Kelley has entered a plea of guilty to participating in a conspiracy with intent to distribute more than five kilograms of cocaine hydrochloride. He has admitted that he made numerous trips to Texas to bring cocaine for distribution in Little Rock. Kelley reported no income to the taxing authorities but was found in possession of hundreds of thousands of dollars in cash, as well as weapons and other evidence of drug trafficking. Porchay, who lived with Kelley, reported to the taxing authorities that she earned approximately $13,300 per year as a "document examiner" for the State of Arkansas, yet she owned assets far beyond what a person could acquire with such a small income. Those assets included a new home, a 2000 Honda Accord, a Suzuki motorcycle, a 2001 Monte Carlo, and the Cadillac Escalade. The Government had probable cause to believe that Jackie Porchay knew that these assets were acquired with the proceeds of unlawful activity.*fn1 Hence, the Government had probable cause to believe that the $30,000 paid by Harold Kelley and Jackie Porchay to Yolanda Summons represented the proceeds of unlawful activity and that the 2004 Cadillac Escalade was purchased with proceeds of illegal activity. Summons has not disputed that fact; it appears that she tacitly concedes that the Government had probable cause to believe that the $30,000 in cash and the 2004 Cadillac Escalade represented the proceeds of unlawful activity.

The only argument, then, that Summons makes is that the Government had no evidence that she knew that the cash and the Escalade represented the proceeds of some form of unlawful activity or that the transactions were designed in whole or in part to conceal or disguise the source or ownership of the proceeds.

The transaction in which Summons sold the Denali to Porchay has all the earmarks of a transaction designed for concealment. The buyer paid $30,000 in cash, not by check, money order, draft, wire transfer, or any other means by which the proceeds could be traced. The seller did not deliver title but, instead, kept title in her name -- as a person who wanted to conceal the true ownership would do. According to Summons's verified amended motion, she entered into this arrangement to build back her credit history because she had filed bankruptcy "several years earlier."*fn2 That explanation frankly does not make sense. Summons had just obtained financing in the amount of $29,757 for the purchase of the Denali, according to her statement, so apparently the bankruptcy did not prevent her from obtaining that loan.*fn3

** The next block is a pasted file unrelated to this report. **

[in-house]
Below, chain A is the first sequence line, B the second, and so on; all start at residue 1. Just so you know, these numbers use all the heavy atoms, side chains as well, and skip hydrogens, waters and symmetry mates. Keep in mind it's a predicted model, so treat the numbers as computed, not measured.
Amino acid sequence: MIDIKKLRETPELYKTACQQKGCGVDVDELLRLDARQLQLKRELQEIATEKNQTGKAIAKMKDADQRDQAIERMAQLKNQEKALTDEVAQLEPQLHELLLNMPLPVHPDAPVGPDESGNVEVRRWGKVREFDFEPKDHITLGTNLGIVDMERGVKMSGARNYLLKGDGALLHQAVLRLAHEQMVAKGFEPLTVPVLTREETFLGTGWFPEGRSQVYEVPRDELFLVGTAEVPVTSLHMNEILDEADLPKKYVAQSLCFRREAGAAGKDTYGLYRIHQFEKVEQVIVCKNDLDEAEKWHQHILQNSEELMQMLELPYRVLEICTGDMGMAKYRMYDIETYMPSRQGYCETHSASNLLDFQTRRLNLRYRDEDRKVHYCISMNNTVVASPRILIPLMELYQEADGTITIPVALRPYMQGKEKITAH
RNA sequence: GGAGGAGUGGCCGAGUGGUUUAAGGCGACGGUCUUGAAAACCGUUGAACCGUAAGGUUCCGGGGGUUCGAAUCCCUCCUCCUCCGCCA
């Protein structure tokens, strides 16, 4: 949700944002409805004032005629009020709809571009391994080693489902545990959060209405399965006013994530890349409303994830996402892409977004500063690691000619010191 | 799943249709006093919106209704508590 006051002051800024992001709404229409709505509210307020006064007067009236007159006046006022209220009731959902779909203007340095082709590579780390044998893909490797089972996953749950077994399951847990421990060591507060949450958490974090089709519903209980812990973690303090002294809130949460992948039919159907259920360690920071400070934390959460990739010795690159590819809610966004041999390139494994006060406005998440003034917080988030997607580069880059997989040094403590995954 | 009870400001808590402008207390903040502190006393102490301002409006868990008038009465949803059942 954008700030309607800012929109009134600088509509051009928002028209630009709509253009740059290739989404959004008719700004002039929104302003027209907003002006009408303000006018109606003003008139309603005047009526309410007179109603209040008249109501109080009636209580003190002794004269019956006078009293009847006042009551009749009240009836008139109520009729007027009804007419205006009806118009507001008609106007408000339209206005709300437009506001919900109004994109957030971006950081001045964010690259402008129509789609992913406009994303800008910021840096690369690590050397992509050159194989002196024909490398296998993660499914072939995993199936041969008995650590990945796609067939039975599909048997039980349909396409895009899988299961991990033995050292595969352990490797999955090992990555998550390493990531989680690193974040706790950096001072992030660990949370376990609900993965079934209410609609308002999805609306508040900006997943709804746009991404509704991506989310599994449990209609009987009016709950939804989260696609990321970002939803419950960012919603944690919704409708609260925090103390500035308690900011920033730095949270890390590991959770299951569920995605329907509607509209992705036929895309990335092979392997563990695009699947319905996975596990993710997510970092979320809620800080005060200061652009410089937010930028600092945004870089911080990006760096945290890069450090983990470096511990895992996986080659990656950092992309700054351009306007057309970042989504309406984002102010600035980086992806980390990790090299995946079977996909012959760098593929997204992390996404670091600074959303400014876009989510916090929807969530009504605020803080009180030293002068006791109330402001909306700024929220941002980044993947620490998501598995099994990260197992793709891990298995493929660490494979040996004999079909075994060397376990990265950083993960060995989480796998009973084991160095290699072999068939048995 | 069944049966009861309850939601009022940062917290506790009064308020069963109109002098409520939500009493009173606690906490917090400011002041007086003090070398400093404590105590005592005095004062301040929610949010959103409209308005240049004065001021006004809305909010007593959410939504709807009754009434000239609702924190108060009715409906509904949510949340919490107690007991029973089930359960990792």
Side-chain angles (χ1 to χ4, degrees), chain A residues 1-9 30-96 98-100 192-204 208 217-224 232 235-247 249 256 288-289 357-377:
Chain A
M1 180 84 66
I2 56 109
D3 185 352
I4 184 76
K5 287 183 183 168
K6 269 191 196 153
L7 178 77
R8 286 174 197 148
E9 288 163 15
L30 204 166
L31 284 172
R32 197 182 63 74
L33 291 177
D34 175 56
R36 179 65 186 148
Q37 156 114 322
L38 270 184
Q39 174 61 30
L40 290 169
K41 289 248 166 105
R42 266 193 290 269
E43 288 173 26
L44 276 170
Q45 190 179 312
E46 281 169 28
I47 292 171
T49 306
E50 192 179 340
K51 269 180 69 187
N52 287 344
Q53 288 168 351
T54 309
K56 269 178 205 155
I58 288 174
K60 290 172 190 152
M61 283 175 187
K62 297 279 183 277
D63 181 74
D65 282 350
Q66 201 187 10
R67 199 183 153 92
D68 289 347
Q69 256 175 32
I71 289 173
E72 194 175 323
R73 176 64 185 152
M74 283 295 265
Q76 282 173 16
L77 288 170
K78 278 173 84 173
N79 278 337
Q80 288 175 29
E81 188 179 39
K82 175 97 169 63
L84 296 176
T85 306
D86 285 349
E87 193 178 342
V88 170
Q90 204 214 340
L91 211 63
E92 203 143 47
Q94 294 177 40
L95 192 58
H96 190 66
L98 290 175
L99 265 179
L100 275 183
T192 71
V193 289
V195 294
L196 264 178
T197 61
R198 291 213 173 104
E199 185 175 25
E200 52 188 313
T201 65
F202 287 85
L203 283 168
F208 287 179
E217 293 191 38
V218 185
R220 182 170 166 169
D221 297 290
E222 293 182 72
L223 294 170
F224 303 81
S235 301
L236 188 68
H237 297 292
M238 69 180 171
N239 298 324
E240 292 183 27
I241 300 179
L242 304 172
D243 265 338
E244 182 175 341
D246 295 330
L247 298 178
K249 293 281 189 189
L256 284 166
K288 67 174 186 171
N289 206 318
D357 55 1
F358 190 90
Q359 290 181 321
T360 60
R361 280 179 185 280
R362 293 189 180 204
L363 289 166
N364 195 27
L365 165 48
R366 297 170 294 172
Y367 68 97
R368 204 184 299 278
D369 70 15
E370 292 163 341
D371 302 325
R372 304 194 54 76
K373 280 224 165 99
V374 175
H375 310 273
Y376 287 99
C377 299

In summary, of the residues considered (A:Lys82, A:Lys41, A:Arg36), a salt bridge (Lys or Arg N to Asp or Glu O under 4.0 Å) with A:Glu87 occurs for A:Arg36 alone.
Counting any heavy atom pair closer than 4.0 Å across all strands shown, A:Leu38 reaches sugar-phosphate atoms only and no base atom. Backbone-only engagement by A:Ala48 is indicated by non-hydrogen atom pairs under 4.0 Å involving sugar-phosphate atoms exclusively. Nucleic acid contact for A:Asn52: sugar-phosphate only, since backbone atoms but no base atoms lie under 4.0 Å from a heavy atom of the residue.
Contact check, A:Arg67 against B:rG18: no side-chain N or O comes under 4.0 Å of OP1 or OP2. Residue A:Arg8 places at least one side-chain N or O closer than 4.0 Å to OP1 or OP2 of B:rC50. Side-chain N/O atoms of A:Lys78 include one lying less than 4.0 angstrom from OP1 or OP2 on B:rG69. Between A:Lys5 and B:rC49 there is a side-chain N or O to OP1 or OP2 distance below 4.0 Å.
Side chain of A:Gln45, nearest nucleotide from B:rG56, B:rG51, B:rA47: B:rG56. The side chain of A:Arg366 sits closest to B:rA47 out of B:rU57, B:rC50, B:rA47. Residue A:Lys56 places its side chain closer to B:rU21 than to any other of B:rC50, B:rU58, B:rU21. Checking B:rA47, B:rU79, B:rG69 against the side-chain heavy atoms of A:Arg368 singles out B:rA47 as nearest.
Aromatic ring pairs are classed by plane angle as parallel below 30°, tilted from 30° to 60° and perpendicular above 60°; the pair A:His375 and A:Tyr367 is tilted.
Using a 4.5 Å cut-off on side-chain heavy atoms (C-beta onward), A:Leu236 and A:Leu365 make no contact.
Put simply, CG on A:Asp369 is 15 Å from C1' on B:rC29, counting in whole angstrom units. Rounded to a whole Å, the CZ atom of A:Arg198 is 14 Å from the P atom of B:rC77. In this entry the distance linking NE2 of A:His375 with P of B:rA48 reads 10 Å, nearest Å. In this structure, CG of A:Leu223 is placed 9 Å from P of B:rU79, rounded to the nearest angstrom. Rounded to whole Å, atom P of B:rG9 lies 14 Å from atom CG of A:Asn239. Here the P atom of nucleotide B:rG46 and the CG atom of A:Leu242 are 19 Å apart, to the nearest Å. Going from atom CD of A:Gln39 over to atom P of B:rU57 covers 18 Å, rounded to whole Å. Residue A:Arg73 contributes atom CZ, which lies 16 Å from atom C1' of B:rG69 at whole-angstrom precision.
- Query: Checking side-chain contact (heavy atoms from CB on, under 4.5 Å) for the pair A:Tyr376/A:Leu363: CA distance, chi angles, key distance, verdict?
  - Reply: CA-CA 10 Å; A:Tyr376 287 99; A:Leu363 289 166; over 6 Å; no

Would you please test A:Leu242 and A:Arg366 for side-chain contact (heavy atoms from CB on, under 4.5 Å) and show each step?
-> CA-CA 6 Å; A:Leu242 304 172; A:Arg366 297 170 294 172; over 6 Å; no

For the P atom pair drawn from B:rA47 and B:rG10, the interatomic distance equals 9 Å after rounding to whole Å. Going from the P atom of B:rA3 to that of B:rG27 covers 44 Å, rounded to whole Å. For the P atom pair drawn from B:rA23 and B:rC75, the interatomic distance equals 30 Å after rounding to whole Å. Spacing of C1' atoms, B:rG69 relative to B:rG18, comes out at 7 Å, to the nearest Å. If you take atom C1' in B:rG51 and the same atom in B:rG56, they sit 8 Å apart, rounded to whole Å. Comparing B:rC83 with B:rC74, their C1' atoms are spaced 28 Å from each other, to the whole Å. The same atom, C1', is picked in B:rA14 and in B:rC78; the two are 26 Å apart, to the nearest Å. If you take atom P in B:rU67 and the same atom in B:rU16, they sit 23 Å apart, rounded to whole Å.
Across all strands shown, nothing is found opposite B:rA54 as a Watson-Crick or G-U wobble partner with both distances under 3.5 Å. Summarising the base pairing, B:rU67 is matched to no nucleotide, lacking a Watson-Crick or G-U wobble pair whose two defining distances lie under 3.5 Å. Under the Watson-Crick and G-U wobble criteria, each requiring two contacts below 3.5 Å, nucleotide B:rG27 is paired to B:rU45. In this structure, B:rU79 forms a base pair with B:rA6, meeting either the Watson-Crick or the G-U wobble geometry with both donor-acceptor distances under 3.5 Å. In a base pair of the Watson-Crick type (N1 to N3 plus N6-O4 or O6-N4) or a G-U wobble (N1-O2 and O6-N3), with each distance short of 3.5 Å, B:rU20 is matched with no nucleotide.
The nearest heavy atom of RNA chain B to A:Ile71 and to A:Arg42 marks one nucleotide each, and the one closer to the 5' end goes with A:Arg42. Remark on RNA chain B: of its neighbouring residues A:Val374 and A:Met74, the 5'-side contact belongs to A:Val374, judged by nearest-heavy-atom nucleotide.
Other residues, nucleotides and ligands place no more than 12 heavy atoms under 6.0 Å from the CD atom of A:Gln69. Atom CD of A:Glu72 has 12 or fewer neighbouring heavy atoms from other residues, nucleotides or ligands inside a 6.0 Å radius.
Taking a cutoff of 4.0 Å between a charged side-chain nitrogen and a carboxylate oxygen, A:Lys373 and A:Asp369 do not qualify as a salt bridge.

Moreover, if Summons had taken the $30,000 that she received in cash from Jackie Porchay and Harold Kelley and used it to satisfy the debt, the satisfaction of that debt would still have been reported on her credit history, and she could have delivered title to Porchay. Instead, she either requested or acquiesced in an arrangement whereby it was represented that she owned a vehicle that, according to her, actually was owned by Jackie Porchay; and she accepted payment of $30,000 in cash from Porchay and Harold Kelley, who happened to be a drug trafficker. When all of this evidence is put together it comes to this: Summons's sister, Jackie Porchay, had no visible means of income by which she could earn more than $13,300 per year; Porchay's boyfriend had no visible means of income at all; yet Porchay and her boyfriend had $30,000 in cash to pay for ...